“Straws are a gateway plastic,” said Dune Ives, executive director of Lonely Whale, a nonprofit committed to protecting the oceans and marine life.

She didn’t mean that using straws eventually leads people to use saran wrap, plastic bags, and ponchos.

She meant that giving up plastic straws makes it easier for people to give up other types of plastic and to ultimately think about the impact plastic has on the environment, especially the oceans.

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The scale of plastic pollution in the oceans is truly staggering. An estimated 8 to 11 million tons of plastic enters the oceans every year — the equivalent of emptying a garbage truck filled with plastic into the oceans every minute.

Ives said that because the average human doesn’t interact with the oceans much, the problem isn’t widely known.   

“We tend to focus more on land issues, but we have equally if not more impact in the oceans,” she said. “But it’s so far away from us, it’s so out of sight, out of mind, and really inaccessible for the vast majority of people, that we don’t really understand that it’s happening.”

Read More: Why You Should Absolutely Never Use a Plastic Straw Again

Straws might seem like a trivial place to start — but the US alone consumes 500 million straws each day. Most of these straws end up in the world’s oceans, where they clot shorelines and gather in thick gyres.

They end up being mistaken for food by marine life, which, when swallowed, can cause injury or even death, or they can get painfully jammed into orifices, like with this turtle whose suffering sparked widespread outrage. And straws — coffee stirrers, cocktail straws, big, bendy straws — gradually break down into microplastics that leach toxins into the water and eventually blanket the sea floor.

Seen from this macro-perspective, minimizing straws would be a pretty effective place to start in the quest to clean the oceans.

And so Lonely Whale launched a campaign with the ultimate goal of preventing 500 million straws from getting into the oceans in 2017.

The name of the campaign? #StopSucking.

They’re getting restaurants, bars, sports stadiums, brands, and more, to limit how many plastic straws they use and to switch to sustainable alternatives.

Read More: How a College Dropout Plans to Rid the Oceans of Plastic

And they’re getting individuals to pledge to a plastic straw-free life.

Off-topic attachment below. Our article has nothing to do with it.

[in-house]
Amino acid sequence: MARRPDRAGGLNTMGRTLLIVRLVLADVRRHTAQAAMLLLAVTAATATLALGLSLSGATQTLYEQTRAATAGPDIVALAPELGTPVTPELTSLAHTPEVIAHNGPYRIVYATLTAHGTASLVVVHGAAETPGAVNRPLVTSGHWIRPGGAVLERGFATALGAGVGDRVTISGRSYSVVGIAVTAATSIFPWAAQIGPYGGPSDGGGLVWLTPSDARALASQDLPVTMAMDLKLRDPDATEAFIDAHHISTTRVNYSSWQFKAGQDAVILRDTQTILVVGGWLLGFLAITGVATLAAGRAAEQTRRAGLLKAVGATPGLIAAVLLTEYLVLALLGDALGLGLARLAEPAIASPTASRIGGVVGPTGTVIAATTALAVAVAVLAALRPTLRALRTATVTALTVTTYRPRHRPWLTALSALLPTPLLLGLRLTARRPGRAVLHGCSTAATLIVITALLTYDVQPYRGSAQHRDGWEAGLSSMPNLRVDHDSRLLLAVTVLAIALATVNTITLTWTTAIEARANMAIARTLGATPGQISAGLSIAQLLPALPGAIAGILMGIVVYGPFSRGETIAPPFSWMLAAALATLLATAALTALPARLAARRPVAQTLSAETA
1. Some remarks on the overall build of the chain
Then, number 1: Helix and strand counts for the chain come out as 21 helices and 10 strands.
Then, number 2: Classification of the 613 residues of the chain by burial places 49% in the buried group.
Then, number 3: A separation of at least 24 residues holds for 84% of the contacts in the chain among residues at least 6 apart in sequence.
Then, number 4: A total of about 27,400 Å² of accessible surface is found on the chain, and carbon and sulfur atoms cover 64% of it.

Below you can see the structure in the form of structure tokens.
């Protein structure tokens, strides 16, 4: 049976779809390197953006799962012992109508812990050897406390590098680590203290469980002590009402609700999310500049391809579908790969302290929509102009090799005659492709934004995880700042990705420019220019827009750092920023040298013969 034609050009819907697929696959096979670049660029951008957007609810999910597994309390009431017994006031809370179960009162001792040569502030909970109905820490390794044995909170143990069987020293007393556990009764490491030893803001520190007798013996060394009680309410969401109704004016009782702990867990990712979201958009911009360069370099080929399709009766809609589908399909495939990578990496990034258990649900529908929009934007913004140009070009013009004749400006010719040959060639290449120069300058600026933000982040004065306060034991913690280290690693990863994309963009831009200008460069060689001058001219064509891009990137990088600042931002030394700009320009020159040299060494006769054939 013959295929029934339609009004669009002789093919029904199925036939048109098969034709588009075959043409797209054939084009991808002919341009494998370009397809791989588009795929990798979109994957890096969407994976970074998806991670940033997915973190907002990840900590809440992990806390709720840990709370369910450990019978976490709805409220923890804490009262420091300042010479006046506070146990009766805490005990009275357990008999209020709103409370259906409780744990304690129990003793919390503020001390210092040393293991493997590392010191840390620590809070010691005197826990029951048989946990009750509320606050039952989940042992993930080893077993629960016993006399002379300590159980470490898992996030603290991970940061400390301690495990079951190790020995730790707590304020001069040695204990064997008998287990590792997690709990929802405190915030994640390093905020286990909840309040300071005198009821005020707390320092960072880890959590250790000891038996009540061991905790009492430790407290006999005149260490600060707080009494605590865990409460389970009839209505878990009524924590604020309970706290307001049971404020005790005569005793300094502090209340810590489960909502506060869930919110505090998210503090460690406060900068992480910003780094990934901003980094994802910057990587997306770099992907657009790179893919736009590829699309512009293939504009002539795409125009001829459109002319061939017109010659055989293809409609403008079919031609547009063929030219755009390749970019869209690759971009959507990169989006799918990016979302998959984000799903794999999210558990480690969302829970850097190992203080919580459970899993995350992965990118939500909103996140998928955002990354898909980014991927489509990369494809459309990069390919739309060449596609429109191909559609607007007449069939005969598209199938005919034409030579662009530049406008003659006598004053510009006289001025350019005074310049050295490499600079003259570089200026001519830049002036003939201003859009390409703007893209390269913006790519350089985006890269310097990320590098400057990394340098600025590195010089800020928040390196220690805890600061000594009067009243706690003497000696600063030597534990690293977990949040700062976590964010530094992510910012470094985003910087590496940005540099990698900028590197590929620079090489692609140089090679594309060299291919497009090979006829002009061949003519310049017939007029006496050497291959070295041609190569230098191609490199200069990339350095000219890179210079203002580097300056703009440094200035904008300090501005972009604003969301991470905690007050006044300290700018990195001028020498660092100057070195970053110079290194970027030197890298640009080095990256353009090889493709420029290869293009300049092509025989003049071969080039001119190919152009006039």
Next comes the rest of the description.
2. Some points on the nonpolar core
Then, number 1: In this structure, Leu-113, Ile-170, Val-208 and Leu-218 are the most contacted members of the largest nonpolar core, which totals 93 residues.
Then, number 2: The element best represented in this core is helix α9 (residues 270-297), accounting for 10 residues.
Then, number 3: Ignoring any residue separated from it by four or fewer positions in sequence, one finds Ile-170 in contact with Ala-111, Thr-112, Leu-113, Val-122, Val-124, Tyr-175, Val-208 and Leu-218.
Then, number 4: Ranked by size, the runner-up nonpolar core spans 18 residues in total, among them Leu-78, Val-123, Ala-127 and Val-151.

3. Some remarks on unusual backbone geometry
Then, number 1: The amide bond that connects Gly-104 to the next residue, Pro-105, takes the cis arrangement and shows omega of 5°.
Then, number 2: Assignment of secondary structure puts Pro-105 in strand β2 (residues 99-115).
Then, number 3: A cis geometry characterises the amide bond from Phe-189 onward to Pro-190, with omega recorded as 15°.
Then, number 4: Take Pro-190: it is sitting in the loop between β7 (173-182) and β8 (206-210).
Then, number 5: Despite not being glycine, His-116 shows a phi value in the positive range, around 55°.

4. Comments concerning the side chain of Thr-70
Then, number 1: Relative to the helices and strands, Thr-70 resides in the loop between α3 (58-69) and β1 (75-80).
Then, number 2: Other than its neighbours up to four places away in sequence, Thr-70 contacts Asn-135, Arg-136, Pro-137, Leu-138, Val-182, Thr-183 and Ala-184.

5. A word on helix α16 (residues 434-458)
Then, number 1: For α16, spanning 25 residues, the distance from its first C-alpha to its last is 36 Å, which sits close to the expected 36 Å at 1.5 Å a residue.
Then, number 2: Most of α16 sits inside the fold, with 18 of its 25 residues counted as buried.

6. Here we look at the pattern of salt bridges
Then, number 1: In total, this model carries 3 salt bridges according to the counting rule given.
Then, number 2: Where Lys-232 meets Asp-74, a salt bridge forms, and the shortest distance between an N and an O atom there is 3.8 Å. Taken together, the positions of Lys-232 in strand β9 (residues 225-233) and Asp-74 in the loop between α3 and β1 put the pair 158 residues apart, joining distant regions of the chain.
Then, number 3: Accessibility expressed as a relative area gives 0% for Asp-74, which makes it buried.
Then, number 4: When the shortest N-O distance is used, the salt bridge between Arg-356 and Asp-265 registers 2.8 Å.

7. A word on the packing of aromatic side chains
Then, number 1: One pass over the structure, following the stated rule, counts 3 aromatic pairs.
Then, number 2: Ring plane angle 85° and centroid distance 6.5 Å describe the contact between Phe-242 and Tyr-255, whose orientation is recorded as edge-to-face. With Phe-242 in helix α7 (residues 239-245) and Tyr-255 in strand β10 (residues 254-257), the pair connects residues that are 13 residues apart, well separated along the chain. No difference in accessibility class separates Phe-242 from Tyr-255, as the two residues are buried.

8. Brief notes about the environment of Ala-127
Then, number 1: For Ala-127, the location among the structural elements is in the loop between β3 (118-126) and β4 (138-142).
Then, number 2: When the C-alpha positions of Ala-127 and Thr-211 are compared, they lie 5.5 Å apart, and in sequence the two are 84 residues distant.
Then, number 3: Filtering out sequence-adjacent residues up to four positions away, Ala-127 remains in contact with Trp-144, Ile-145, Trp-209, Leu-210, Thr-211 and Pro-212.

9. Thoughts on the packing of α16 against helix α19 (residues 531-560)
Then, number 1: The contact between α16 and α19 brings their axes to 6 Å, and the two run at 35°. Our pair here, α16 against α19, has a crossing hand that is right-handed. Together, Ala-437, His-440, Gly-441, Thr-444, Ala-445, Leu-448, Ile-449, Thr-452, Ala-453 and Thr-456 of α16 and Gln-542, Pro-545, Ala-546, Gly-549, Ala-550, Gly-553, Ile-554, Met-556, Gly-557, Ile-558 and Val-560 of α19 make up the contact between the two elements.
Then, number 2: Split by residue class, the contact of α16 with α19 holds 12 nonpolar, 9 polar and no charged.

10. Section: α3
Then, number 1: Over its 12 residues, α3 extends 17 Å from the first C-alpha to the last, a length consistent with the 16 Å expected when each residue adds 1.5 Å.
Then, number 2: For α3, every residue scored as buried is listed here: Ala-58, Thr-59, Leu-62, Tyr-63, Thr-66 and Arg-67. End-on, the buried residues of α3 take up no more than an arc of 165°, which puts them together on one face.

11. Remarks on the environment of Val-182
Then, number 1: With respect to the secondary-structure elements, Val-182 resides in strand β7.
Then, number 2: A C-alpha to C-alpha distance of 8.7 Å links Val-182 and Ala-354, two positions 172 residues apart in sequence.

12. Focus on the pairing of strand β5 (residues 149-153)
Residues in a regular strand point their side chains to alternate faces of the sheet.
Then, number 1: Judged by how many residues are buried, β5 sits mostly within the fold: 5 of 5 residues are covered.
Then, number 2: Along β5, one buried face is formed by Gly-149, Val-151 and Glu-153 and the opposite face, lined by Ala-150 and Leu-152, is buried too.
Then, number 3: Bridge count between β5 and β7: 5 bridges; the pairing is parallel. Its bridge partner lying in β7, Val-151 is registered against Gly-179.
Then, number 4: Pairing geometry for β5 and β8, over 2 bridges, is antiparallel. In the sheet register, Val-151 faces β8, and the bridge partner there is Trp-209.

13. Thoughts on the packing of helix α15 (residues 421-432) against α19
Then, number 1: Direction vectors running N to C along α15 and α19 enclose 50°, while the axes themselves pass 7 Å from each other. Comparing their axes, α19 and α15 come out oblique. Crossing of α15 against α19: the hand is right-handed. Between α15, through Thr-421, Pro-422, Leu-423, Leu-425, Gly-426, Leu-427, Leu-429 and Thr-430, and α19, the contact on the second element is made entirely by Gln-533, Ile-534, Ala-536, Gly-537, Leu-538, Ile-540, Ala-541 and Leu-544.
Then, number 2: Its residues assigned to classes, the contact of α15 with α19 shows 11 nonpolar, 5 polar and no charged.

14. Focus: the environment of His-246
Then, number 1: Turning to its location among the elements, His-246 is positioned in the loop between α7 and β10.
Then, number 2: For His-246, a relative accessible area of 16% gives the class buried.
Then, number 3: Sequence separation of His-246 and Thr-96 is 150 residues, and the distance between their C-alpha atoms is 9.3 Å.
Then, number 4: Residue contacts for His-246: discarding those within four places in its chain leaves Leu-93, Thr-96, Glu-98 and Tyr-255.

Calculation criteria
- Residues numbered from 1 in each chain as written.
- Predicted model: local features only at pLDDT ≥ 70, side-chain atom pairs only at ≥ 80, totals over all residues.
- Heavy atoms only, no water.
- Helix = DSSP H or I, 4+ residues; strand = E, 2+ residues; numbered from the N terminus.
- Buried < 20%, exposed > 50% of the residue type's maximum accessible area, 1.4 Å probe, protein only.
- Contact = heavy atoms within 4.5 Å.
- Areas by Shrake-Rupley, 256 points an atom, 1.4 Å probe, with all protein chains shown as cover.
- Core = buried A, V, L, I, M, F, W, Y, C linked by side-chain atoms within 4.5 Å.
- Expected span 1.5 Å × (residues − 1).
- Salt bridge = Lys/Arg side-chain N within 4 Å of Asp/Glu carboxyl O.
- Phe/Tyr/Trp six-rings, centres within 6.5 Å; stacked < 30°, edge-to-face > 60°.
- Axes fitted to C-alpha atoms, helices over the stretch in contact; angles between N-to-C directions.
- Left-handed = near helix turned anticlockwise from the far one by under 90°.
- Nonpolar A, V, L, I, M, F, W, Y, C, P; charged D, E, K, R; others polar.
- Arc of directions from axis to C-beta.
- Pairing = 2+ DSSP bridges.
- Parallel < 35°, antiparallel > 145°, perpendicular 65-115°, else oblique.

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“What we really want to do is bring a little levity to the issue in a way that creates a global conversation,” Ives said. “There are so few things related to ocean health that an individual can actually take action on where they can see the impact of their actions right away.”

“Straws are really that singular item that every day someone can say no to, and it doesn’t cause us problems as individuals,” she added. “It’s not that hard to give up straws.”

So how can you stop using plastic straws in your life?

Here are seven alternatives.

1/ Bamboo Straw

These are lightweight, reusable, and don’t have any chemicals or dyes. Brush With Bamboo straws are made straight from stalks and can be easily washed.  

2/ Straw Straw

It’s a pun, but also a good alternative to plastic straws, especially for bars and restaurants looking for a classier design, according to this Kickstarter.  

3/  Paper Straws

These are a single-use alternative to plastic straws. Aardvark straws are durable enough to not break down in a drink and are fully compostable.  

4/ Steel Straws

Steel straws like these from Eco at Heart are durable, easy to clean, and can be carried around in a bag without worrying about stains.

5/ Glass Straws

Bent glass straws from Be Organic are easier to use than straight glass straws because you don’t have to tip your glass. These straws are made in Bali and support local plastic clean-up efforts.  

6/ Water Bottle or Reusable Cup With Straw

Reusable water bottles and cups with reusable straws and lids are an easy way to avoid using plastic straws.  

Read More: Why You Should Absolutely Never Drink Bottled Water Again

7/ No straw

A lot of the time, straws are unnecessary and you can drink right out of a cup. Lids designed for a straw make this a little harder (iced coffee lids, for example), but brands can develop lids that don’t need straws. Starbucks, for instance, recently tested out an “adult sippy cup” for its iced coffee and it works just as well as a straw — I would know, I tried it out with their cold brew.


Defend the Planet

Help Save the Oceans With These 7 Plastic Straw Alternativess

By Jana SepehrJoe McCarthy  and  Erica Sánchez